National Security Minister Peter Bunting has said that replacing the Privy Council, based in London, and accepting the Trinidad-based Caribbean Court of Justice (CCJ) as Jamaica’s final court is a way to emancipate the island completely from years of slavery, according to reports from carribean360.com.
The debate over the Caribbean Court of Justice took place simultaneously with Jamaica’s debate on reparations.
He noted that “both address the impact of slavery and colonialism on the societies of Jamaica and the wider Caribbean.”
Bunting also noted that Jamaicans were not fully free as long as “mental slavery” was still evident in Caribbean politics.
“To illustrate this we don’t have to move beyond the fact that only once in our 52 years of Independence has an entrenched section of our Constitution been changed. This is because changing an entrenched section requires the cooperation of the Opposition with the Government, and in only one case has an Opposition been able to resist the appeal of partisan political advantage and instead do what is manifestly in the interest of the nation.”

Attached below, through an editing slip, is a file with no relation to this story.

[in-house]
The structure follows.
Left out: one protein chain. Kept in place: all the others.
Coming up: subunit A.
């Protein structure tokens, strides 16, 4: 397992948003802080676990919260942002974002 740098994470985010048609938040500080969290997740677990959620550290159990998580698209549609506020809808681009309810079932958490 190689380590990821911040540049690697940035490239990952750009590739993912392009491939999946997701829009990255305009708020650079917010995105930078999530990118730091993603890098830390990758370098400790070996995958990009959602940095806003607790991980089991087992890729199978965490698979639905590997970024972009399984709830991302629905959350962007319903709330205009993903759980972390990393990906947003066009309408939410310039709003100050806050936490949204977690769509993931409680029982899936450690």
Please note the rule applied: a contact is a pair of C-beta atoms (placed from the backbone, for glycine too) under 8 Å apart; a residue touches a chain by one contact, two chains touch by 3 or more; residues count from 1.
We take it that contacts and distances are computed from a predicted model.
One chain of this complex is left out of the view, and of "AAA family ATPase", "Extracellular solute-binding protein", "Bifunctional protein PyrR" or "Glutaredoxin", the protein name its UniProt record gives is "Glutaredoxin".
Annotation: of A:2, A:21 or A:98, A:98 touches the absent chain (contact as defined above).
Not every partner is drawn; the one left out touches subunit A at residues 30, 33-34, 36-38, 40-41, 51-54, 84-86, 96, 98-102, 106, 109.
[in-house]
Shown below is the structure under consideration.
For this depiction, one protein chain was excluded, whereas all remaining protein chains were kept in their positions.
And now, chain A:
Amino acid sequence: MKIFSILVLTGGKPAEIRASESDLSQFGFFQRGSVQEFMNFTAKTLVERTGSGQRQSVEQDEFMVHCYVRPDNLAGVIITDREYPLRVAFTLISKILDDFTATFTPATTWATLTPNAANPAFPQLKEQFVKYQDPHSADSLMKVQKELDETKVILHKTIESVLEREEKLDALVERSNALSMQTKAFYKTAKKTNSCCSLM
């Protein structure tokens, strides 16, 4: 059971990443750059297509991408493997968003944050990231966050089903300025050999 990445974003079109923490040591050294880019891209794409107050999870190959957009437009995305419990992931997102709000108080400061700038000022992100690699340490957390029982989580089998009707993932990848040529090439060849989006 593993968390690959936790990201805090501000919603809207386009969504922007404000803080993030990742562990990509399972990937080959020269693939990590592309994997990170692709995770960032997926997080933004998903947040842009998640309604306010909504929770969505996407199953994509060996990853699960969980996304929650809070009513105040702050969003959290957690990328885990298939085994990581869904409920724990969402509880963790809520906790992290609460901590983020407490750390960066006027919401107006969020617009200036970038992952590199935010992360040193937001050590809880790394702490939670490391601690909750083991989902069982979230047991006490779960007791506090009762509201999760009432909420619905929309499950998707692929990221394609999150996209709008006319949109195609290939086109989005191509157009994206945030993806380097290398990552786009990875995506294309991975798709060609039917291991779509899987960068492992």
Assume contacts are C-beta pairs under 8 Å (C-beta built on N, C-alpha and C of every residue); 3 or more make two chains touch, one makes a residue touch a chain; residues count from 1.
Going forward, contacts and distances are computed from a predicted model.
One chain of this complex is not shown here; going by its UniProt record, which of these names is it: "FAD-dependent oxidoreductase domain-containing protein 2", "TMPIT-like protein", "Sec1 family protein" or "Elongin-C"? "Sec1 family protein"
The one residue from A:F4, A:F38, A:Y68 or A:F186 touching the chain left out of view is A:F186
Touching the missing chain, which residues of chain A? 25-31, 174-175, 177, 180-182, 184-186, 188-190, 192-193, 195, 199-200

He pointed out that having the Privy Council preside over the Jamaican court system still rings of the dominion England had over the Caribbean in the past.
“That we persist with these anachronisms confirms that we hold on to the belief of our own inferiority,” he said. “In the case of our final court, we cling to the belief notwithstanding powerful evidence to the contrary such as: a) judges of the highest calibre are produced locally; b) the high quality of the CCJ judgments; and c) the independence of the CCJ.”
Not everyone agrees with the minister though as the Jamaica Labour Party reportedly has said it will not support the island joining the CCJ unless there is a national referendum.
“Our people deserve to see us lead in this direction towards a national self-confidence and away from a belief in our own inferiority and a corresponding awe of our former master’s power.”